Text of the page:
Mr. Bleyer, the ex-military man, called the design challenges “brutal.”

In one exercise—creating a set that combines medieval- and space-themed Lego sets—plastic bags of Lego bricks and minifigures were distributed—and quickly ripped apart—as participants got to work sitting at tables or spreading out on the blue-carpeted floor. Some began by sketching with colored pens, while others immediately started clicking together the plastic bricks, trying out their ideas as they worked.

They had two and a half hours to come up with a Lego toy concept. Nobody spoke, and, aside from the clicking of plastic bricks and the sound of the occasional airplane taking off from the nearby airport, the group operated in silence. Senior Lego designers observed them and scribbled notes.

Candidates were judged not only on the concept but also on elements such as the designs’ color schemes and buildability. Not to mention the elusive element of fun. “You need to think in a way that adds a little bit of humor to a product or a character or a story, and that’s very important for us,” says Mr. Thorogood. The way contestants interacted with each other was also noted.

During breaks, Lego informed the recruits about the practicalities of relocating to Billund, a small town on the windswept peninsula of Jutland. The town has 6,500 inhabitants, and night life is limited to an Irish pub, the Highlander, that is well-known for its “Thirsty Thursdays.”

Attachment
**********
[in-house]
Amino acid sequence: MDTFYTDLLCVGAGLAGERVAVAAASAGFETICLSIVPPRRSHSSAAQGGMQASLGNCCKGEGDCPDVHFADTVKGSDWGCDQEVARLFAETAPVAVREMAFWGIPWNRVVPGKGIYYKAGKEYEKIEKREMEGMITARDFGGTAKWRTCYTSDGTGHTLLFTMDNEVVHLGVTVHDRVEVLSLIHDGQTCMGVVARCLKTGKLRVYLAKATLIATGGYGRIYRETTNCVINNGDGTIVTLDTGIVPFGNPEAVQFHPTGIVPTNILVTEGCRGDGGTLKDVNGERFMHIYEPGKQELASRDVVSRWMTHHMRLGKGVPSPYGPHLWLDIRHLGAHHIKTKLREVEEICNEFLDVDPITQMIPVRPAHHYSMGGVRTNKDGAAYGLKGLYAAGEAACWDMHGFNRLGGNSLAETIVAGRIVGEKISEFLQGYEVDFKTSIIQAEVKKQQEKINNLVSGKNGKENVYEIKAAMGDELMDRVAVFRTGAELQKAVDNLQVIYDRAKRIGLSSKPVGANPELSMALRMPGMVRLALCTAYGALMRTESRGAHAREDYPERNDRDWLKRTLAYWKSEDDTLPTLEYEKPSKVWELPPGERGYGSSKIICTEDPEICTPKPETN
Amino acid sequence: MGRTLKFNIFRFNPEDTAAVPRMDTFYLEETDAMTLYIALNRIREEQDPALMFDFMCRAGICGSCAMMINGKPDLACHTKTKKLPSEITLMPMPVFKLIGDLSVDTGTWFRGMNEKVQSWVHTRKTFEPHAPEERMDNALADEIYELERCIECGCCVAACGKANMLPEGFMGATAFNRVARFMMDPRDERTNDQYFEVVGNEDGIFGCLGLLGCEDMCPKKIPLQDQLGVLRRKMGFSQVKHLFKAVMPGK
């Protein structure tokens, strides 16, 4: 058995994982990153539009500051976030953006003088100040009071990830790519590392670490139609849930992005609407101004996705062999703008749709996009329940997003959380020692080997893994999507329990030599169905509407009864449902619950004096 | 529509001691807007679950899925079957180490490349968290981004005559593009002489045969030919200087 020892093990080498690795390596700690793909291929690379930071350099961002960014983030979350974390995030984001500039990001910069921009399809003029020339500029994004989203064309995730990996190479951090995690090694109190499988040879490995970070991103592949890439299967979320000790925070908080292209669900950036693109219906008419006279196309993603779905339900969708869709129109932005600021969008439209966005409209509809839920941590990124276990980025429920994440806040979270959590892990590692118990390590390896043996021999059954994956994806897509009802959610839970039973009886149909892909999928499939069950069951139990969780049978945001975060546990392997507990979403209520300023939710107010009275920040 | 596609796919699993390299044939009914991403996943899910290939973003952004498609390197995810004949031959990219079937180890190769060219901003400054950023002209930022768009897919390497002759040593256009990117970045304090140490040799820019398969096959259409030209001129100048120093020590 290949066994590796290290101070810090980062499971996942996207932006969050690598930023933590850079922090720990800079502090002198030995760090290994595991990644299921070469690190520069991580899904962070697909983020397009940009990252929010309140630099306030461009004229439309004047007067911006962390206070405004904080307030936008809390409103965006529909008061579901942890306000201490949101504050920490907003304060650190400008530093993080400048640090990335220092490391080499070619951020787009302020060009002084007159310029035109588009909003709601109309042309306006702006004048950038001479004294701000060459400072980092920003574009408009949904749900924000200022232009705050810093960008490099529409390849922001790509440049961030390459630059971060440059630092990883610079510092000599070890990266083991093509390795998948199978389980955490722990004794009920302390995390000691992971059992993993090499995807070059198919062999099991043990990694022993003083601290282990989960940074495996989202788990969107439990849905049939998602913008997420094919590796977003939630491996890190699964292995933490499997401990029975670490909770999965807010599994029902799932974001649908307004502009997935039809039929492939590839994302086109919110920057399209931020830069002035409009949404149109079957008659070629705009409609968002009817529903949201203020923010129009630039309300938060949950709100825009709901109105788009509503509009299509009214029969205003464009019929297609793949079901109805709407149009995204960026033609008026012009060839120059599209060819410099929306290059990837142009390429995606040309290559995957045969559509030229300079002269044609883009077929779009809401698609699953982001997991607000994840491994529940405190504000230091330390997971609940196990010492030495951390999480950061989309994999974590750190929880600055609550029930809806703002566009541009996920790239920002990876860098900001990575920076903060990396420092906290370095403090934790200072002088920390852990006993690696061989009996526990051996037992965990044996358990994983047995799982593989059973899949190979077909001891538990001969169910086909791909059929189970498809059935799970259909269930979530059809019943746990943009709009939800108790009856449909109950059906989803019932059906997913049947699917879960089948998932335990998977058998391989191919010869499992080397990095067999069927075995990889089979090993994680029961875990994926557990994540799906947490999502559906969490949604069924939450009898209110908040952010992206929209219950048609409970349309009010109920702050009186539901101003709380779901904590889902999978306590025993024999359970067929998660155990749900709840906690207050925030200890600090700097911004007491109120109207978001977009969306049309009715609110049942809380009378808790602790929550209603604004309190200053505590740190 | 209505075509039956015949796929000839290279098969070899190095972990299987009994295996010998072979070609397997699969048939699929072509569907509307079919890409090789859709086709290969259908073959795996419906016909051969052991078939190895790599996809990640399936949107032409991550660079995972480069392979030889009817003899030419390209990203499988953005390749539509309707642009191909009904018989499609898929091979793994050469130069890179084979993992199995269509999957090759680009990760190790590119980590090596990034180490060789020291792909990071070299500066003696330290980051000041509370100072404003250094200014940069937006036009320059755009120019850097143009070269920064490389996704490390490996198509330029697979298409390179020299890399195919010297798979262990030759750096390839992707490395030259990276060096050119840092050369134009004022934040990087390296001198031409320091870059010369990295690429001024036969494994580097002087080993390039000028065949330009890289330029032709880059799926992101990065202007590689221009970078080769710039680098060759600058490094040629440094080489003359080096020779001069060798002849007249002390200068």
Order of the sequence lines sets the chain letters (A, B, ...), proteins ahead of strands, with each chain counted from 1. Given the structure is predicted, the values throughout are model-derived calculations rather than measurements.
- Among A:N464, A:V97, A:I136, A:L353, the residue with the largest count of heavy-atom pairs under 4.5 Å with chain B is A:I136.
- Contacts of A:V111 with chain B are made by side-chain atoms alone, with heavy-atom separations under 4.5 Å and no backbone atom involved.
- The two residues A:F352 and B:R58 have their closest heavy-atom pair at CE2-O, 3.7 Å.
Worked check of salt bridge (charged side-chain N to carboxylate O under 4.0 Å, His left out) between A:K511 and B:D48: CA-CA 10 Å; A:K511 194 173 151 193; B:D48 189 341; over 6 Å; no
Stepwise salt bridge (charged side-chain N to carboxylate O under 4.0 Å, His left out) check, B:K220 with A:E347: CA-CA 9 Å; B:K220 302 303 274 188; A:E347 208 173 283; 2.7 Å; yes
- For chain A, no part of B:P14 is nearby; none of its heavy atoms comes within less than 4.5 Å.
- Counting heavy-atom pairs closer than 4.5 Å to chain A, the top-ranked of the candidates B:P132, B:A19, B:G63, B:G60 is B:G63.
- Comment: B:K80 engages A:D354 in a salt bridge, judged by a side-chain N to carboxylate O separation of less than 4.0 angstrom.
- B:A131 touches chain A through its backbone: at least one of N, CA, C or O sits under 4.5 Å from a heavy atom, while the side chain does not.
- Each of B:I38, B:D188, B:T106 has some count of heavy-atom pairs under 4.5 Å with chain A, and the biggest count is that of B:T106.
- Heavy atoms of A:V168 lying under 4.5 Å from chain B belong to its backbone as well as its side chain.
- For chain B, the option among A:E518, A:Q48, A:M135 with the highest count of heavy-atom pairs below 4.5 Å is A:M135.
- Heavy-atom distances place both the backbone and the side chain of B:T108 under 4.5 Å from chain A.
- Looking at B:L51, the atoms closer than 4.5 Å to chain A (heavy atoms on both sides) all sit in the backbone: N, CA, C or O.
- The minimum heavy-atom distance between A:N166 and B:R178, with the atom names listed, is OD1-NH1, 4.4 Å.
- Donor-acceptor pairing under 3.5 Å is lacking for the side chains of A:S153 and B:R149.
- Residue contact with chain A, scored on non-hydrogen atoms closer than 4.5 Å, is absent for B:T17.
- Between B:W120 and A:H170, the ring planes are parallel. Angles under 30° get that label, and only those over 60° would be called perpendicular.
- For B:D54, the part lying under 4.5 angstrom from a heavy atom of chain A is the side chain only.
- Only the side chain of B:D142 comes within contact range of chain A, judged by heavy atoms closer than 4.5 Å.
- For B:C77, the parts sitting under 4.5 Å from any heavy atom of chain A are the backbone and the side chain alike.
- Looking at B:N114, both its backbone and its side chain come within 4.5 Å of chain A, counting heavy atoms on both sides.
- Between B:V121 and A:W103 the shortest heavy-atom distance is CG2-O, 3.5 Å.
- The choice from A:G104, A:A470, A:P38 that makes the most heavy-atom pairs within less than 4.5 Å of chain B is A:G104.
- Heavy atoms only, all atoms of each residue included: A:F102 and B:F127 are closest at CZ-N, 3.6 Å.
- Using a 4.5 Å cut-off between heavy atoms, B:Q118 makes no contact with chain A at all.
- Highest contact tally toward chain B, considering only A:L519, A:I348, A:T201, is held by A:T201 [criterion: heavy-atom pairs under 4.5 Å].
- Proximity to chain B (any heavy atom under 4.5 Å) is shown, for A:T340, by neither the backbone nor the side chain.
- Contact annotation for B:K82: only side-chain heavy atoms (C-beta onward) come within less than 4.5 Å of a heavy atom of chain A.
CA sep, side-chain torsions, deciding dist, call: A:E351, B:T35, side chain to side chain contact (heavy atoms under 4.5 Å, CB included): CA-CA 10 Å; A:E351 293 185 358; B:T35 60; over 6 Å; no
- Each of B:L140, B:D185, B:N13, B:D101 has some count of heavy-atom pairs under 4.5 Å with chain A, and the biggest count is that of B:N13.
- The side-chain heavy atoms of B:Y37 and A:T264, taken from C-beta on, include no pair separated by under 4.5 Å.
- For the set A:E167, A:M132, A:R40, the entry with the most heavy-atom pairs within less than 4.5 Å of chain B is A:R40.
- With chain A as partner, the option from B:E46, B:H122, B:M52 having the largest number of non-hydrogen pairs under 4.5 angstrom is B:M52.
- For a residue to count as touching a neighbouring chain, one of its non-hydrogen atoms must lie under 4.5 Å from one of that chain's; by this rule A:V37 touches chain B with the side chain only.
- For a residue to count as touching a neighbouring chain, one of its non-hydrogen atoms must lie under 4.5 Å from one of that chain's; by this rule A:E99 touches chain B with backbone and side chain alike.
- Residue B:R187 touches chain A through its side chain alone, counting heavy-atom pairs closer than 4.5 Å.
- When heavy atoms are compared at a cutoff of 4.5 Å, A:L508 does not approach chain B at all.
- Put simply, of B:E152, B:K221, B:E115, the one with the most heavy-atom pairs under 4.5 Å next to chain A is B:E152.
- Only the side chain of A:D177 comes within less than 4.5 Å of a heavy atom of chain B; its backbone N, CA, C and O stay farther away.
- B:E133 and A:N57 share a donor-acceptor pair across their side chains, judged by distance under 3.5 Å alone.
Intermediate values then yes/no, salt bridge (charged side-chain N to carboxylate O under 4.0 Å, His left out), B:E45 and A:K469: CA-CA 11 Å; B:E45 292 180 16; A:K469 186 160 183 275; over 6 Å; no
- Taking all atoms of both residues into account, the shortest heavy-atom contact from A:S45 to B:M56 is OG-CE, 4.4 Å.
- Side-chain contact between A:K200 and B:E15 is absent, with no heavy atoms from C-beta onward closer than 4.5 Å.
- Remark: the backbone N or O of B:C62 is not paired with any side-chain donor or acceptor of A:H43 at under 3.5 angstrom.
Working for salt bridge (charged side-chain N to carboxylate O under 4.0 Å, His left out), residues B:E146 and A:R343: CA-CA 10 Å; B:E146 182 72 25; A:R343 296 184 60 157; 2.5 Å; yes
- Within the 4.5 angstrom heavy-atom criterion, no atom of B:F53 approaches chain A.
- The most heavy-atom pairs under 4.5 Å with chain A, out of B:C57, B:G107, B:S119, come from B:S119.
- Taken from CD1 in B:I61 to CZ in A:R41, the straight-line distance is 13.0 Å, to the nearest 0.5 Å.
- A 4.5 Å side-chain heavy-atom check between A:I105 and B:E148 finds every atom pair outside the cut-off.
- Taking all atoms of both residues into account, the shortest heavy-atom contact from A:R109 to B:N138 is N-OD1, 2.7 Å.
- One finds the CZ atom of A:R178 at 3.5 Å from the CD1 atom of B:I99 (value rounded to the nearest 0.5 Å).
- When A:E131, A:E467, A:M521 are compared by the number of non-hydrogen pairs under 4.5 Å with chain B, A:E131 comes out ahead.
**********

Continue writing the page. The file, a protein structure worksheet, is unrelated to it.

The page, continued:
Lego also told candidates about Denmark’s forbiddingly high tax system. The company assured them that its wages are competitive enough to compensate.

Candidates put on a wide-ranging display of technical ingenuity. One applicant created a car that could transform into a killer robot, with the tires becoming shoulders.

Lego doesn’t look to produce these sets. It takes training for a designer to create a set that is properly priced, targets the right age group and fits in the Lego portfolio, among other considerations. Typically, new hires will work alongside a Lego designer for a year before being charged with creating a small set.

Late last week, Lego said it had decided to hire eight of the 21 candidates. It didn’t disclose who would get an offer; a Lego spokesman says it hadn’t informed some candidates yet. But recruits who are offered a job, Lego says, will be expected to start work as soon as possible, preferably the next day.